Clearing out the cobwebs

It's a classic chicken-and-egg scenario: Are some government Web sites so

bad because few people ever look at them, or do few people look at them

because they are so bad?

Take government home pages that still highlight information on Year

2000 computer issues, for example. Or sites that have not posted news releases

since early 2000 or even 1999, or where a 6-month-old item heads the "What's

New" page. Or pages that feature only boilerplate information and show no

sign of being updated.

Of course, I assume few people look at the musty Web sites I come across,

and I think it's a pretty safe bet. People surfing the Internet have short

attention spans, so Web sites with static — or worse, outdated — information

tend to drop off the radar pretty quickly. If the sites were drawing a lot

of traffic, you would think enough people would complain for the offending

agencies to fix the pages.

It's easy to criticize these Web laggards for giving e-government a

bad name. But such criticism is based on another assumption: that anyone

really cares. Clearly, some states or cities have decided that people do

not care, at least not enough to justify updating their sites or adding

new features to entice people to visit.

I suspect that some agencies have decided not to invest in the Web because

they do not have a clear sense of who their audience is or what information

visitors want. Aye, there's the rub. If government agencies do not get a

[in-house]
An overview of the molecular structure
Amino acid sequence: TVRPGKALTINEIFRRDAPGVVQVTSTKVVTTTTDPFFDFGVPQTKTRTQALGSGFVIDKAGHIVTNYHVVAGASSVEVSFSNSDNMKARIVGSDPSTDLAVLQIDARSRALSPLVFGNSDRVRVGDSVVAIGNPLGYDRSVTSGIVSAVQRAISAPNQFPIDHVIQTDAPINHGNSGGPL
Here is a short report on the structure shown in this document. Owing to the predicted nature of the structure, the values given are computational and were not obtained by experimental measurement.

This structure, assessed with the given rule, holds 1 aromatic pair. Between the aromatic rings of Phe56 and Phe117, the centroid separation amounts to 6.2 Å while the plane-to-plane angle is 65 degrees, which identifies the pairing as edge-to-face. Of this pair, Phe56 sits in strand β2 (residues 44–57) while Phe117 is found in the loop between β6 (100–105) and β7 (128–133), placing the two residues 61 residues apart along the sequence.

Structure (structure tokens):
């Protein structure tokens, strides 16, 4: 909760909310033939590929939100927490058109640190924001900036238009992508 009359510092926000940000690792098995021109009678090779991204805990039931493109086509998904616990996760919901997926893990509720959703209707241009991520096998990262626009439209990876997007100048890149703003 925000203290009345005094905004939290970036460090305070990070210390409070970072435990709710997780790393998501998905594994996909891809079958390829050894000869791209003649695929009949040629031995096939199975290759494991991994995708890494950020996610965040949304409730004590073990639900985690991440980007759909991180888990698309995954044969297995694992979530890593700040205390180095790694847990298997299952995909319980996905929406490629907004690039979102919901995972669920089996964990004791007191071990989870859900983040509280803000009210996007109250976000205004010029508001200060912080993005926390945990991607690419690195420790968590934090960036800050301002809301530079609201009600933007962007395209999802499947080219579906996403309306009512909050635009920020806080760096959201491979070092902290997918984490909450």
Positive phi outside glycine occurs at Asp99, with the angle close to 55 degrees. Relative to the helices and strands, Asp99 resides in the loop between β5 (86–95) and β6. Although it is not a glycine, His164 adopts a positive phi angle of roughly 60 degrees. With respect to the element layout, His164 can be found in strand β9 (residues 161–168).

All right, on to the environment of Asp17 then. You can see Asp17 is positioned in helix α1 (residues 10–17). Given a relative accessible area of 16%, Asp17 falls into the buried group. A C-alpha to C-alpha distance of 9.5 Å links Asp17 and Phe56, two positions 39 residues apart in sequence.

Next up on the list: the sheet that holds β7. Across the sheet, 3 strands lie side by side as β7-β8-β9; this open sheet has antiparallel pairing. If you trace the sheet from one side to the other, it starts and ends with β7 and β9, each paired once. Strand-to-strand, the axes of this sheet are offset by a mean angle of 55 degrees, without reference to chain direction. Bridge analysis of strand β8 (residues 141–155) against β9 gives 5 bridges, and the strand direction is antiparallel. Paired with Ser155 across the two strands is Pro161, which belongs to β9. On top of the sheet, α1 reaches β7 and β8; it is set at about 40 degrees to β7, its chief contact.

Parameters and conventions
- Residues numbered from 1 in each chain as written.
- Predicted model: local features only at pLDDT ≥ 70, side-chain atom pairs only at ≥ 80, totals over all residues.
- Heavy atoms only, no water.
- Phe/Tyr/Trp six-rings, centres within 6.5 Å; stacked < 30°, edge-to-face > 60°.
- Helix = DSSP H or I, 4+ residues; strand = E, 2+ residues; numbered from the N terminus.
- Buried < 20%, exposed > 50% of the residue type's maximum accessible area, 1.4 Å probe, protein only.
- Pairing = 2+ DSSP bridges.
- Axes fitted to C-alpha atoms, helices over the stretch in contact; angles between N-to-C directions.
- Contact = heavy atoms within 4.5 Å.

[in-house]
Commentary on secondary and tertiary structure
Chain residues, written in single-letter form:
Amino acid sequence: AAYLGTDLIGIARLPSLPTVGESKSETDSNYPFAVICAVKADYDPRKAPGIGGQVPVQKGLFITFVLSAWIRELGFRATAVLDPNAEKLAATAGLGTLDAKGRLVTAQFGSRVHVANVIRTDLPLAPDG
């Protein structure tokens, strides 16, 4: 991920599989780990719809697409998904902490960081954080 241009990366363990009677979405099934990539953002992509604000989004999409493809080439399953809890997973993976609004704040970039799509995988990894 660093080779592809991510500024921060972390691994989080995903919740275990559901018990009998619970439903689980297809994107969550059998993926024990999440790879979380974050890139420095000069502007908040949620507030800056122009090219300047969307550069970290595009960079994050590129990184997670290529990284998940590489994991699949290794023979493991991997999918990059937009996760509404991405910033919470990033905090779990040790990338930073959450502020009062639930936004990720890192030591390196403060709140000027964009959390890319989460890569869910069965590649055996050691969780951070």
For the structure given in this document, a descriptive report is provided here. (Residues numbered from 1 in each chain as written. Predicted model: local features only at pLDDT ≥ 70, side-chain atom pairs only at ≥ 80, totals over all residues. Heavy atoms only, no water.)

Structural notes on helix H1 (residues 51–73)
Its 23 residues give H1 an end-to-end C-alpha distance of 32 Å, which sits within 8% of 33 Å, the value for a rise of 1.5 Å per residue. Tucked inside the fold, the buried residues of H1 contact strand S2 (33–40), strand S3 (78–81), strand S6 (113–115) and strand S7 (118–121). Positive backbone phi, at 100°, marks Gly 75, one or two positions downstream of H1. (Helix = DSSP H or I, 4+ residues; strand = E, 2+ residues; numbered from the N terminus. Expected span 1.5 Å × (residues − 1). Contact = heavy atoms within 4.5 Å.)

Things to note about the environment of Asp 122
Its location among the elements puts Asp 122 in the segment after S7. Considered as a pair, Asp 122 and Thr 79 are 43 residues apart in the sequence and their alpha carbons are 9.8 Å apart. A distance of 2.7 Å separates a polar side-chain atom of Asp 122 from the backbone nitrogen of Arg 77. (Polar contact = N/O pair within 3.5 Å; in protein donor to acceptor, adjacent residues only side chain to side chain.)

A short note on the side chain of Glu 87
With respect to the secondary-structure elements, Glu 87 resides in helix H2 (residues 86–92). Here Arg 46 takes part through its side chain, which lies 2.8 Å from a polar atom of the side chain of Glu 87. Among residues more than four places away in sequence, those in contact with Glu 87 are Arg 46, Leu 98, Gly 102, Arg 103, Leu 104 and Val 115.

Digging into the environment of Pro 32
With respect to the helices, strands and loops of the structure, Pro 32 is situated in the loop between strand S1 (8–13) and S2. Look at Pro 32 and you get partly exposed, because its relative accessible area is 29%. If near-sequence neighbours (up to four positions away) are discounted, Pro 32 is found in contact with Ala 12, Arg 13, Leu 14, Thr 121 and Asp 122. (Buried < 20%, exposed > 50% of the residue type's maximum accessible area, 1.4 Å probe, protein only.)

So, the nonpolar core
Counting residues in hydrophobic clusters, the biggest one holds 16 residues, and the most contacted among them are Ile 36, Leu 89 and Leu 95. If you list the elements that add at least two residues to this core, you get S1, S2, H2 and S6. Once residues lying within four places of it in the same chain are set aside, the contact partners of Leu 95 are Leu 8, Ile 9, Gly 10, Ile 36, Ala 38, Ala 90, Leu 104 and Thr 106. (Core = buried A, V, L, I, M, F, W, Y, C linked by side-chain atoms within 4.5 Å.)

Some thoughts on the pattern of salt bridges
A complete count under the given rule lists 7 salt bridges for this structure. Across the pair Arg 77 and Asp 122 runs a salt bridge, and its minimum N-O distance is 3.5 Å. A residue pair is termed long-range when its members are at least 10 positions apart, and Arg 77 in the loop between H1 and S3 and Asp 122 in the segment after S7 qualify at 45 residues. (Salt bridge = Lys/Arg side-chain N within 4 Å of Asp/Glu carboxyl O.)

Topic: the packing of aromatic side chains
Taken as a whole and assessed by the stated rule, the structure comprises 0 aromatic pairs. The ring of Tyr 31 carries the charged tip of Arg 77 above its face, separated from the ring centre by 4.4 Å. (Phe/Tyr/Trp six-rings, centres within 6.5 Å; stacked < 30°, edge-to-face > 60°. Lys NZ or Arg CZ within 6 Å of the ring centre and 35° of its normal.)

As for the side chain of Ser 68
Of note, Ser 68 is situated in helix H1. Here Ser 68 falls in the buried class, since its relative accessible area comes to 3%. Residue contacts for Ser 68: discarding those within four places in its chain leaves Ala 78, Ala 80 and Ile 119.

peg on their audience, they will lose it in pretty short order.

That's why Web portals, the topic of this month's cover story, are so


A good Web site, like a good story or painting, always has a particular

perspective that focuses the content. Someone sitting down to write a novel

about World War II, for example, would be hopelessly overwhelmed with his

material until he decides who's telling the story and to whom. Likewise,

state governments, which generate hundreds upon hundreds of Web pages, must

decide how to structure their sites so that the intended readers can find

the information they want.

Check out the latest iteration of California's Web site (

Front and center you'll find a link to current road conditions and other

services or information resources likely to be of interest to state residents.

North Carolina (, meanwhile, offers multiple choices: On

the home page, Web visitors are asked to identify themselves as either citizens,

businesses or state employees; they are then directed to a page with relevant

information and links.

There's no guarantee that those portals will attract a flock of new

visitors, but I think it's safe to assume that governments that do not make

similar efforts will find themselves bereft of an audience. In this sense,

anyway, the chicken-and-egg puzzle is a no-brainer.

John Stein Monroe



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